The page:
Systems Of Engagement for Digital Transformation

The next step in the evolution involved systems of engagement. Companies began to realise they needed a system to compile and digest the wealth of information collected from the previous systems. Advances in database optimisation technology allowed these new systems to collect and source this data faster than ever before and provide actionable business insights at a rapid pace. Platforms like Zendesk, Constant Contact and even Facebook allowed their users to use their collected data in ways that weren’t possible before.

These platforms gave leaders and organisations as a whole the ability to quickly digest and make business decisions in the blink of an eye and played a key role in developing customer service innovation. In other words, it gave leaders the information and actionable insight to develop digital strategies and switch from being product-focused to delivering service-focused outcomes. As a result, the customer experience benefited, which helps other parts of the business, from sales to marketing, and more importantly, systems of engagement served as a catalyst for the next step in the evolution.

Systems Of Productivity And Outcomes

The final stage of the evolution, or what is currently the best way to enable transformation, involves threading systems of productivity and outcomes together. By linking digitisation to productivity and outcomes, you can make sure these other systems you use are working together to create efficiencies for your team, your customers and your company — without adding to their existing workload.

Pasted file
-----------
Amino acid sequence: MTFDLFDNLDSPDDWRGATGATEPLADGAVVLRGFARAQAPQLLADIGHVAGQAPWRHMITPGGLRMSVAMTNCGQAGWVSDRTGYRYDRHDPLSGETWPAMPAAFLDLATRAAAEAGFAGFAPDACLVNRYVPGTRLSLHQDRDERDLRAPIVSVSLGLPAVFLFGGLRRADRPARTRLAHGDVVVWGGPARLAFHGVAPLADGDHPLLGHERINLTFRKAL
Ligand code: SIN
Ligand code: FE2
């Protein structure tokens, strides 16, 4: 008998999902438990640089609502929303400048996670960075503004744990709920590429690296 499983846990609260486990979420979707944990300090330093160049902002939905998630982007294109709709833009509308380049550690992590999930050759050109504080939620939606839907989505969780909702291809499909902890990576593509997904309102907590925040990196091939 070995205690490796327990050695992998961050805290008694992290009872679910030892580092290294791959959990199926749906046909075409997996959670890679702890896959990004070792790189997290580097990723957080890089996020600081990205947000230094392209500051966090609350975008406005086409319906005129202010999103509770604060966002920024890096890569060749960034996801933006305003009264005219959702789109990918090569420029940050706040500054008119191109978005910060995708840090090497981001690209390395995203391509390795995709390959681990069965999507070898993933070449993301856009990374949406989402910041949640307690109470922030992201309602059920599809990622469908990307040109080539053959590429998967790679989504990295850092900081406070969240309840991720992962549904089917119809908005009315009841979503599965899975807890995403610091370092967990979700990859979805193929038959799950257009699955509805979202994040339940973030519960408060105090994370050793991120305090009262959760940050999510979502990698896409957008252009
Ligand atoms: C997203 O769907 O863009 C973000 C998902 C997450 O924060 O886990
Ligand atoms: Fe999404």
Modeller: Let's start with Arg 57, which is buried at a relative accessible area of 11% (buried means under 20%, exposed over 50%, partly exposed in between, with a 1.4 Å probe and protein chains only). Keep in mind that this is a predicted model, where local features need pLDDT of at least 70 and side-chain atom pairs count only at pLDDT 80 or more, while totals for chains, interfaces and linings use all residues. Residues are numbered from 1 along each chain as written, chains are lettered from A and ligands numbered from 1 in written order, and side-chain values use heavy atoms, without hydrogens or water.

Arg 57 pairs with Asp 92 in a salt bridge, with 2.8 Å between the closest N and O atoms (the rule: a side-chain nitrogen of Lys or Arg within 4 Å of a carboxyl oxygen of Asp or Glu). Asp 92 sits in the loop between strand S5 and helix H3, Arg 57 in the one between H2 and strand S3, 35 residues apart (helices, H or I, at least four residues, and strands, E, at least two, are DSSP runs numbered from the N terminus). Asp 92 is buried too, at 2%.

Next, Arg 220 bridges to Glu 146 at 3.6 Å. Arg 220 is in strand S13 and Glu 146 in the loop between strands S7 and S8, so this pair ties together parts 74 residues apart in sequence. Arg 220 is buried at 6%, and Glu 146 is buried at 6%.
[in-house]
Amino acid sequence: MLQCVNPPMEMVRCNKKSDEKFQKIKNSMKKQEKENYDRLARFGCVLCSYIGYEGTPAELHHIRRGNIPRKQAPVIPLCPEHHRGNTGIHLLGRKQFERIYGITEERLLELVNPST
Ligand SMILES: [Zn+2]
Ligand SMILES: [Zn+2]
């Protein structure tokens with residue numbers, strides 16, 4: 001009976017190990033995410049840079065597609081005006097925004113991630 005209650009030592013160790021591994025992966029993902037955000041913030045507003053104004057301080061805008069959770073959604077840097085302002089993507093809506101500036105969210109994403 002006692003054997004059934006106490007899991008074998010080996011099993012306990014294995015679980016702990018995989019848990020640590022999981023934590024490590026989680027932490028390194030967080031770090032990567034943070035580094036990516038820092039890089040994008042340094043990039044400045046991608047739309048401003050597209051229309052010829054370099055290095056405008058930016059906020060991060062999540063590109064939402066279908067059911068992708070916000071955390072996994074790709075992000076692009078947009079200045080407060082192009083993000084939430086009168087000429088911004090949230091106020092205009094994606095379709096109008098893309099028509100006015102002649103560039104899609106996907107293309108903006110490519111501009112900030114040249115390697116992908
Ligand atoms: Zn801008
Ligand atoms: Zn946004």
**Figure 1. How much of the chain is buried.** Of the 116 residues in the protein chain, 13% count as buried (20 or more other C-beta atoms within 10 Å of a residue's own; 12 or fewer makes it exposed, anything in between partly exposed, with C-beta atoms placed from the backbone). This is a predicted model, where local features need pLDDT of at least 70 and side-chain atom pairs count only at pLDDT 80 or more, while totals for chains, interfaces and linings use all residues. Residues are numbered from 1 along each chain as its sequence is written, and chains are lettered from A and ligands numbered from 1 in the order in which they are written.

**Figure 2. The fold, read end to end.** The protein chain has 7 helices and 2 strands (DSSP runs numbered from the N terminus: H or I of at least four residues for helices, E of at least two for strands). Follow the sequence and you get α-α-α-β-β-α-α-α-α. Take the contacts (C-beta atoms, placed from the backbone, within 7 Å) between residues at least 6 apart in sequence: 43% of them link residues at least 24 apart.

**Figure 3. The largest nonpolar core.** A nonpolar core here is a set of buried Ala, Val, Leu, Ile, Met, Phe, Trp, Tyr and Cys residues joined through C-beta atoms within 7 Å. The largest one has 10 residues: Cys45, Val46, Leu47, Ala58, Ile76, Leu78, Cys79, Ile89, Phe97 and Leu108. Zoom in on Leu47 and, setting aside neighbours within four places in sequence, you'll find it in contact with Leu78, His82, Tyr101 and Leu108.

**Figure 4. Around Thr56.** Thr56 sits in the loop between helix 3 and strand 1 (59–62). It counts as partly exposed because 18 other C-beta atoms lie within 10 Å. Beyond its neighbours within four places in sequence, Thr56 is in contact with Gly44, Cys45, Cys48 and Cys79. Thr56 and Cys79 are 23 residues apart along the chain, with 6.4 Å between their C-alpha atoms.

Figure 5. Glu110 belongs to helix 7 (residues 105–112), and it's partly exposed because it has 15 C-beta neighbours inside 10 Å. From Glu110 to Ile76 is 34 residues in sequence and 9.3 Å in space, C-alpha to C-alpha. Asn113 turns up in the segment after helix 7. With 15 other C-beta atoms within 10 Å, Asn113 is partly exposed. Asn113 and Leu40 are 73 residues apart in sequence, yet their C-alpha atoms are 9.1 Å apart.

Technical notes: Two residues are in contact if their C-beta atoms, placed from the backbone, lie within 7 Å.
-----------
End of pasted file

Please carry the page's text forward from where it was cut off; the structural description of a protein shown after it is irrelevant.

Technology has finally progressed to the point where we can take the advantage of all the systems that came before and use them in a cohesive and unified way to create a better customer experience platform delivering revenue and productivity outcomes for customers, our employees and also ourselves. Companies like my own company, Jira, Trello and Microsoft 365 give teams the power to link workflows and scale productivity across their entire organisation.

Once a company has achieved truly unified digitisation, workflows for the entire company can be mapped out quickly, the adoption of new tools can happen quicker than before and your company can focus on creating those all-important end-user experiences. It doesn’t matter how much utility your system brings if it’s not directly connected to the quarterly goals and business outcomes you have set. These systems of output are the best way to take advantage of everything technology has to offer to the business world, and you don’t want to be left out.

So, whenever you do start your digital transformation journey, make sure you understand exactly what you’re looking to get out of it. For many, the framework for digitisation already exists in your company with legacy systems. The most important thing you can do is make sure you’re always taking that next step forward.

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We specialise in supporting change across the insurance sector, helping insurance businesses (and other businesses) adapt seamlessly. Our services include Change & TransformationM&A IntegrationBusiness Process Management and Executive Coaching.